The DINFIA IA 38, an experimental Argentine four-engine tailless transport aircraft from the 1960s, was designed under the guidance of Reimar Horten.
It was developed based on the German Horten Ho VIII project and constructed by DINFIA.
Developed in Argentina
The history of aviation is replete with remarkable aircraft that have pushed the boundaries of technology and design. While some have achieved widespread recognition and fame, others have remained in relative obscurity, known only to a select few enthusiasts and historians.
Among the latter category is the DINFIA IA 38, an experimental cargo aircraft developed in Argentina during the 1960s.
Despite its relative anonymity, the IA 38 represents a fascinating chapter in aviation history, characterised by innovative design, unique engineering challenges, and a lofty mission to transport citrus fruits across Argentina.
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In this essay, we will delve into the intriguing story of the DINFIA IA 38, exploring its origins, design, challenges, and legacy.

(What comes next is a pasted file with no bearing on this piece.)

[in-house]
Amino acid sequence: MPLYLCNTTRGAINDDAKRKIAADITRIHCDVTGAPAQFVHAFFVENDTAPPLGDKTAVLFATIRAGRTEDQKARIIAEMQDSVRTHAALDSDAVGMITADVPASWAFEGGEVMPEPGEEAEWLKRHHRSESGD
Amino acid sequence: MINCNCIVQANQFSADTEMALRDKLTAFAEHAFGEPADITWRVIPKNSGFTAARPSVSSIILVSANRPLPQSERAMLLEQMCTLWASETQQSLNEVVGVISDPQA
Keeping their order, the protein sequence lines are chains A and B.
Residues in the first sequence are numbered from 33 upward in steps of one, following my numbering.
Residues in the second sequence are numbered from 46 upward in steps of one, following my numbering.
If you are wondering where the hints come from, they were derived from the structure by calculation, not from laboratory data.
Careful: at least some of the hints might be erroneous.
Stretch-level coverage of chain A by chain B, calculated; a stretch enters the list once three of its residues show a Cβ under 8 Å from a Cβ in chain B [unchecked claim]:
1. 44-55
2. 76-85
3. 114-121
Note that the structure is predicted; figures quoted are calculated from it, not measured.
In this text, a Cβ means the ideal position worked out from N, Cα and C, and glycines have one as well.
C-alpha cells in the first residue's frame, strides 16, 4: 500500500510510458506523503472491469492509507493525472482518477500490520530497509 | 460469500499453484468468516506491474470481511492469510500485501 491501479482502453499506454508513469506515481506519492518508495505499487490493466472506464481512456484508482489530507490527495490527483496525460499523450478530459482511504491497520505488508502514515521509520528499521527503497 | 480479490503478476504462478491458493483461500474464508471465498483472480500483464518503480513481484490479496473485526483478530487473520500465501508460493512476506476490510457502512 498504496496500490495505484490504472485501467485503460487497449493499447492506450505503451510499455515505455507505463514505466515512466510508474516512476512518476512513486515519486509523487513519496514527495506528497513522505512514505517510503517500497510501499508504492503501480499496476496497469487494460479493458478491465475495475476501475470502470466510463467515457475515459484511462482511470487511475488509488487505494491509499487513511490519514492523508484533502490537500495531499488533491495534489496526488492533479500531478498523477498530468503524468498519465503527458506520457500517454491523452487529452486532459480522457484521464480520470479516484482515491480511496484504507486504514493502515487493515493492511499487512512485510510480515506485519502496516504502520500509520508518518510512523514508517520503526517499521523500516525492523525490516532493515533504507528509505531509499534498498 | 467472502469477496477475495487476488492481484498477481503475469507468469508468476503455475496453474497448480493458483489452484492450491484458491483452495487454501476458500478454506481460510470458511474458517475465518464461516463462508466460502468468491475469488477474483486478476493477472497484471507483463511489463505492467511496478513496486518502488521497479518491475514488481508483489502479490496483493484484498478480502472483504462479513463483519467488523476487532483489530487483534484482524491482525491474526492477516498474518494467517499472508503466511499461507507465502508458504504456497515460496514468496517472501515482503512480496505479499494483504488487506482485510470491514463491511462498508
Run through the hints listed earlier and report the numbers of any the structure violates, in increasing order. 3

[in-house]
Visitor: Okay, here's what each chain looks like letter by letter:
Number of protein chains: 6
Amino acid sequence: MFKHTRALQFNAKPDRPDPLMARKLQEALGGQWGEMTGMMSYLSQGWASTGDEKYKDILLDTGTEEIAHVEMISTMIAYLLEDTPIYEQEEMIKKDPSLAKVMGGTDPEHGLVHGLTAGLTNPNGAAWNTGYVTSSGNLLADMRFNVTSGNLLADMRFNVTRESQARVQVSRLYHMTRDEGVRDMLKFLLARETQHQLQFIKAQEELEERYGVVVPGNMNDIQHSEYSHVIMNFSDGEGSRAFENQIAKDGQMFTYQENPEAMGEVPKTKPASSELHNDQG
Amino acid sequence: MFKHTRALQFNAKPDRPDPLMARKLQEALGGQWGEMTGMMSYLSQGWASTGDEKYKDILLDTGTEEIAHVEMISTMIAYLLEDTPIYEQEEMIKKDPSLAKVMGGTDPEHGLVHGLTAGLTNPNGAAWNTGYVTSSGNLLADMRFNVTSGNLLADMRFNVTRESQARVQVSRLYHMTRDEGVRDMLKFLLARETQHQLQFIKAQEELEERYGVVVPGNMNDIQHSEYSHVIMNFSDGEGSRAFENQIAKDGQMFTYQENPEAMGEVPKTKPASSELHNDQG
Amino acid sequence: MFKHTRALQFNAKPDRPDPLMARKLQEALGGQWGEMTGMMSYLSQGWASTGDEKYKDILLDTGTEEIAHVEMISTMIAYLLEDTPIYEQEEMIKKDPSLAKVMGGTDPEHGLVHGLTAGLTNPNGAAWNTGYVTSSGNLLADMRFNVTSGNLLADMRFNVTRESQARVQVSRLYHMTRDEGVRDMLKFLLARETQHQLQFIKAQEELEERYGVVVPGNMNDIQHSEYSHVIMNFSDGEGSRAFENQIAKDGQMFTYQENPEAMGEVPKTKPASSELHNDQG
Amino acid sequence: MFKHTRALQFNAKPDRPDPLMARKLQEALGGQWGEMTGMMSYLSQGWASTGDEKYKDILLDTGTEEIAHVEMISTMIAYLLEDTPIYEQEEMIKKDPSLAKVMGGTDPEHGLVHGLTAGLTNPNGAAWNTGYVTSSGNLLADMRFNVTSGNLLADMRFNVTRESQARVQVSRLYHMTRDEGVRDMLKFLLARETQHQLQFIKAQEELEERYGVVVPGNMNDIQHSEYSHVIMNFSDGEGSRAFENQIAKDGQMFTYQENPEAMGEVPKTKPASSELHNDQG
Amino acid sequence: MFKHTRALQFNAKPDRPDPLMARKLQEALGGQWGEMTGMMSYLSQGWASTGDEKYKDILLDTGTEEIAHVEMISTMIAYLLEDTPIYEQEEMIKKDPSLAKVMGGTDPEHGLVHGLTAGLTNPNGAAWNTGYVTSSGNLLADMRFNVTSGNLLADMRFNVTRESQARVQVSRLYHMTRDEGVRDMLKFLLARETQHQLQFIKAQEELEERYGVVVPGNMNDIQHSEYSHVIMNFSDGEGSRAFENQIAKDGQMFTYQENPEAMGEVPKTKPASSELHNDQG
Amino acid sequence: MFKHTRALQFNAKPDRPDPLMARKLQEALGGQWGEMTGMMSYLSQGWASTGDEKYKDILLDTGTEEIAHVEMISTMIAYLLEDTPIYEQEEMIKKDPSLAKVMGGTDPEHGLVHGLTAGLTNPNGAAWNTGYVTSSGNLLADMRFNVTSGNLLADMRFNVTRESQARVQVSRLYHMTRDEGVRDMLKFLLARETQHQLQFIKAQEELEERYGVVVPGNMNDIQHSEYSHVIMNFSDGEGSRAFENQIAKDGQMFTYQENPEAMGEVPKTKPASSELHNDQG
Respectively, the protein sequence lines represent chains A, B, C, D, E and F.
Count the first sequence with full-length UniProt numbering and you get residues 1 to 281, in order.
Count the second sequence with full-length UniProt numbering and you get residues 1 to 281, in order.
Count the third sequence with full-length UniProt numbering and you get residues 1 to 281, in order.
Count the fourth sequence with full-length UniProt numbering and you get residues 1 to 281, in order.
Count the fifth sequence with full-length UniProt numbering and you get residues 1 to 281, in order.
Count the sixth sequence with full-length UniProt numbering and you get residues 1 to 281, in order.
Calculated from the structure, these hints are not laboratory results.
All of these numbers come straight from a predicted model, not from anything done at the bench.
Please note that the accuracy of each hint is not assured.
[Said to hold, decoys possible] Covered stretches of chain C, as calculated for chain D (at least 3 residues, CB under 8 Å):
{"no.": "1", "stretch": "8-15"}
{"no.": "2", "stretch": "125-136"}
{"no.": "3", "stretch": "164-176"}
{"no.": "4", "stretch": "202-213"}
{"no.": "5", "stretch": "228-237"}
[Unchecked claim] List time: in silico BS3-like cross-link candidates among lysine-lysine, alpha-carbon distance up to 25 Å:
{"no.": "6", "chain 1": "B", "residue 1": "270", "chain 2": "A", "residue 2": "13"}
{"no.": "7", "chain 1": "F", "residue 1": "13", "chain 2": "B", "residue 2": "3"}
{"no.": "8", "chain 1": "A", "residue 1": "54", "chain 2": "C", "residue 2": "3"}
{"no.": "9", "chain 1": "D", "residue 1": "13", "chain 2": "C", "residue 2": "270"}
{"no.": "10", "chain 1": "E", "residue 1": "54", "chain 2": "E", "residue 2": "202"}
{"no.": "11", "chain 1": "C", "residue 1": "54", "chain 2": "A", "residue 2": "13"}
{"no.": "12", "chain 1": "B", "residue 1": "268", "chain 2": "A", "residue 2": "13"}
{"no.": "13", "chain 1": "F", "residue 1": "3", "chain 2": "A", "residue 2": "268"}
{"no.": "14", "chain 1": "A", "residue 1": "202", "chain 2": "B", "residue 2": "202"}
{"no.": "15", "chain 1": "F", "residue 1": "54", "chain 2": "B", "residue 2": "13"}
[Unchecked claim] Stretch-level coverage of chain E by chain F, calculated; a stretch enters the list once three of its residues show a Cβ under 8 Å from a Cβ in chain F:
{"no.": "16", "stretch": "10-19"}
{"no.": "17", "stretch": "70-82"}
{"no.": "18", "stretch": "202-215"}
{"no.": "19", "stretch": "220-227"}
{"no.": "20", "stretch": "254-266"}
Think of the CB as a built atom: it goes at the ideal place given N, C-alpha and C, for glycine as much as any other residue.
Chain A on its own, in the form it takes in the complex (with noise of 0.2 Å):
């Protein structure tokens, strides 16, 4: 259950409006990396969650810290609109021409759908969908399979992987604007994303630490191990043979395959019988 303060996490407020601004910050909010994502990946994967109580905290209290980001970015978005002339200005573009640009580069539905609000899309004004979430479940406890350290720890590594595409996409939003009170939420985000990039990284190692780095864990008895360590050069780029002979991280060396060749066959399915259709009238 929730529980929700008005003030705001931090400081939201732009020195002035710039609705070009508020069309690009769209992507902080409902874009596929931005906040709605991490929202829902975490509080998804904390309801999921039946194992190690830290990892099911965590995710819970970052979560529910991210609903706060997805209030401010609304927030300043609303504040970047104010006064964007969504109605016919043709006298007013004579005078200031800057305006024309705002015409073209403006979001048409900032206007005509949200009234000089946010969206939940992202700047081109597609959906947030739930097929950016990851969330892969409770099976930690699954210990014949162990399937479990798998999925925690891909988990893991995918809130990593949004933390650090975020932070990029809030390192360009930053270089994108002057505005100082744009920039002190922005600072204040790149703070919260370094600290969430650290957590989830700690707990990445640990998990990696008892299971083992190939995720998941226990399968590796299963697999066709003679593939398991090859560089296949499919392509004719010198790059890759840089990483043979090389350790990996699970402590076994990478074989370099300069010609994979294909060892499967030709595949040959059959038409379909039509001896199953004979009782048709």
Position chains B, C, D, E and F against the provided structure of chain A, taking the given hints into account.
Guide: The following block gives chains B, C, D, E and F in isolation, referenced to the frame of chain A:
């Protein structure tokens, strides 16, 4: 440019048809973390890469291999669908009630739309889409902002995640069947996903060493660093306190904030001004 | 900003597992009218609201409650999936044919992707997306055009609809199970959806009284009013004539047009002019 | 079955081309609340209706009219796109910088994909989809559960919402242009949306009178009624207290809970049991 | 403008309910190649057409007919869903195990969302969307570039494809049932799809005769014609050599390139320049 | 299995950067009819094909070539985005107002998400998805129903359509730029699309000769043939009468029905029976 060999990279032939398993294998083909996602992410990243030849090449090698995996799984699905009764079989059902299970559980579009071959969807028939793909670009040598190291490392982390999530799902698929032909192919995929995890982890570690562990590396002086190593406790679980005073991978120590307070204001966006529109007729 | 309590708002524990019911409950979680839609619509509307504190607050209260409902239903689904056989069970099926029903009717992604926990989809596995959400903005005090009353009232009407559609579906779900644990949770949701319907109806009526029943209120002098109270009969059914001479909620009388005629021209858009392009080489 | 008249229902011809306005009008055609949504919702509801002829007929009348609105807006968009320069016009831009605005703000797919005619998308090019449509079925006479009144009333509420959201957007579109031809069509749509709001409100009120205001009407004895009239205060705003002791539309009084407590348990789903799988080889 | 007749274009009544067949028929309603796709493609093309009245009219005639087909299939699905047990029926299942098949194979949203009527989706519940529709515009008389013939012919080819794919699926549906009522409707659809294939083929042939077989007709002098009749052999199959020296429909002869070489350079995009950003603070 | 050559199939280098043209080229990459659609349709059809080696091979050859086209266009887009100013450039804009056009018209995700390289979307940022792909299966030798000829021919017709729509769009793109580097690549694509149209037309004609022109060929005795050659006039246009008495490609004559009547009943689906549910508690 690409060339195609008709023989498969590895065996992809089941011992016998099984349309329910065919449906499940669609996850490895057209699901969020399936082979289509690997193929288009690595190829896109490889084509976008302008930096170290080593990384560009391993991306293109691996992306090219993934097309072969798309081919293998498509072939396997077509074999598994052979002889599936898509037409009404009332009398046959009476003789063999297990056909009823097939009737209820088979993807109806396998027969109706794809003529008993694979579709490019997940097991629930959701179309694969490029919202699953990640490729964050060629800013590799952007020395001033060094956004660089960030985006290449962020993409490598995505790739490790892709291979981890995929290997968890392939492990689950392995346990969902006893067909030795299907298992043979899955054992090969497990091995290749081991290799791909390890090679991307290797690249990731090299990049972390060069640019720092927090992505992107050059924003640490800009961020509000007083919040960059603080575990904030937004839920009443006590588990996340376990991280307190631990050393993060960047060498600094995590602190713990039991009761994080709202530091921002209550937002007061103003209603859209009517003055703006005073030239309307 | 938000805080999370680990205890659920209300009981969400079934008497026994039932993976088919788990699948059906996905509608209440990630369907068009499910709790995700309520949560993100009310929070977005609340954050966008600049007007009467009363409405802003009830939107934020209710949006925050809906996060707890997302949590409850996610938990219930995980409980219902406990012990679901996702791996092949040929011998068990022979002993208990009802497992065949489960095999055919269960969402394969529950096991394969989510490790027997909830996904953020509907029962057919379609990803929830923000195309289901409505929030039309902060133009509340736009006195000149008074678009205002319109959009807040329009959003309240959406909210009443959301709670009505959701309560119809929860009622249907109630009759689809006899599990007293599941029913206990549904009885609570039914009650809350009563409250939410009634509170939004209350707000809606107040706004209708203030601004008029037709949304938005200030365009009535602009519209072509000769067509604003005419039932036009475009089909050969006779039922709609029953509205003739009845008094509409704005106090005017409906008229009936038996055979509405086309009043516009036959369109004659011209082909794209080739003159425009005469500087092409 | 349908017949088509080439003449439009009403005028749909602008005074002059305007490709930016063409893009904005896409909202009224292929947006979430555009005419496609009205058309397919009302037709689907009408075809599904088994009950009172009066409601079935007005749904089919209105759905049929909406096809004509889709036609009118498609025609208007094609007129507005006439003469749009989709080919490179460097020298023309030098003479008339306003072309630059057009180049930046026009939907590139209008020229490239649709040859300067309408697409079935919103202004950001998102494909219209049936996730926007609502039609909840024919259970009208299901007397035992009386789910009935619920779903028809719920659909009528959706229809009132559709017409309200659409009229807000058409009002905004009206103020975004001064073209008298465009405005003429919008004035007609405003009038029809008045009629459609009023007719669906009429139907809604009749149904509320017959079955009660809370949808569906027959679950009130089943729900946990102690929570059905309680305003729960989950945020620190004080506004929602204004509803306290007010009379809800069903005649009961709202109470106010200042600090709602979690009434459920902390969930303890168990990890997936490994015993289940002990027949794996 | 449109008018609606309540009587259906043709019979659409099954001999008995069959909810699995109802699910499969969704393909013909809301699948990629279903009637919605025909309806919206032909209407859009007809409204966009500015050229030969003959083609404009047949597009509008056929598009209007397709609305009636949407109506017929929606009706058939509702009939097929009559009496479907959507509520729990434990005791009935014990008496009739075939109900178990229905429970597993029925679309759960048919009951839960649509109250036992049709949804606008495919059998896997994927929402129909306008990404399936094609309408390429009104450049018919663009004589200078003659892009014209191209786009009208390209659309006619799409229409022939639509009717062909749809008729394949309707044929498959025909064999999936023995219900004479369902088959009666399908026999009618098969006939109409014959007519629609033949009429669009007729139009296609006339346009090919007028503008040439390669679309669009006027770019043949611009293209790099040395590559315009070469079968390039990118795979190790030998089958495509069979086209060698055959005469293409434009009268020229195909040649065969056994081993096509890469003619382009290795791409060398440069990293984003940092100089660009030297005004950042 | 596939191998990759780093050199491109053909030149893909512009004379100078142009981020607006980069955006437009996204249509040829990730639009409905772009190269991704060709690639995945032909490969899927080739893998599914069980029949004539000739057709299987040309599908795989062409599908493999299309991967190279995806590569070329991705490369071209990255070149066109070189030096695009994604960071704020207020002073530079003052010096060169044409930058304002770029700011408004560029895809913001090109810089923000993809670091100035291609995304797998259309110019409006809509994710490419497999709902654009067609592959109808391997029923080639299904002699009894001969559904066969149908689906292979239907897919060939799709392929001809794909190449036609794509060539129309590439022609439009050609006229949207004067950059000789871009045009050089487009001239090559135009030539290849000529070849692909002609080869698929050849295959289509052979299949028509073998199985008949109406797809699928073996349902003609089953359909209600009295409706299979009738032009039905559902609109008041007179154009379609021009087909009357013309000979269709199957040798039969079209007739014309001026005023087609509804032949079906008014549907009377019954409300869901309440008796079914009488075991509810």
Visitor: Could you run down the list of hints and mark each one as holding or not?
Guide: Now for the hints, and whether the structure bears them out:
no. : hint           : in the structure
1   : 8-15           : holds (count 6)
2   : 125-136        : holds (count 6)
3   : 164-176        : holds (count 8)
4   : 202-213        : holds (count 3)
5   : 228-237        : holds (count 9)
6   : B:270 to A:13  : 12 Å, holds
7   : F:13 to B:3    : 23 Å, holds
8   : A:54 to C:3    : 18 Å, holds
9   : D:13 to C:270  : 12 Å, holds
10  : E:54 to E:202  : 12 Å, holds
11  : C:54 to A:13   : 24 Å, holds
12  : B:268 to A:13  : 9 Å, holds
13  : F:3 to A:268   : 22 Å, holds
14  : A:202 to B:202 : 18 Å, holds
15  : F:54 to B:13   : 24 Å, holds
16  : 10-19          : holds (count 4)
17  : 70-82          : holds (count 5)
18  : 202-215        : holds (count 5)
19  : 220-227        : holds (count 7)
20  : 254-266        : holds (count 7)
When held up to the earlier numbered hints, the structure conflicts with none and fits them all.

Origins of the IA 38
The DINFIA IA 38 owes its existence to the creative vision of Reimar Horten, a renowned German aircraft designer. Horten’s fascination with tailless aircraft and flying wings led to the inception of the IA 38 project. The genesis of this unique aircraft can be traced back to a specific requirement that arose in Argentina during the 1950s.
In 1950, Argentina faced a logistical challenge: the need to transport citrus fruits, primarily oranges, from the western regions of the country to Buenos Aires.
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The absence of viable rail links and the inadequacy of the existing road infrastructure for transporting heavy cargo prompted authorities to seek an innovative solution—a cargo aircraft that could efficiently bridge this geographical gap. It was in response to this challenge that the IA 38 project was born.
DINFIA IA 38 Design and Features
The DINFIA IA 38 was conceived as an all-metal, tailless shoulder-wing swept monoplane, a design characteristic that was typical of Horten’s innovative aircraft concepts.
What set the IA 38 apart from conventional cargo aircraft was its unconventional vertical control surfaces, which were positioned near the wingtips, contributing to its distinctive appearance.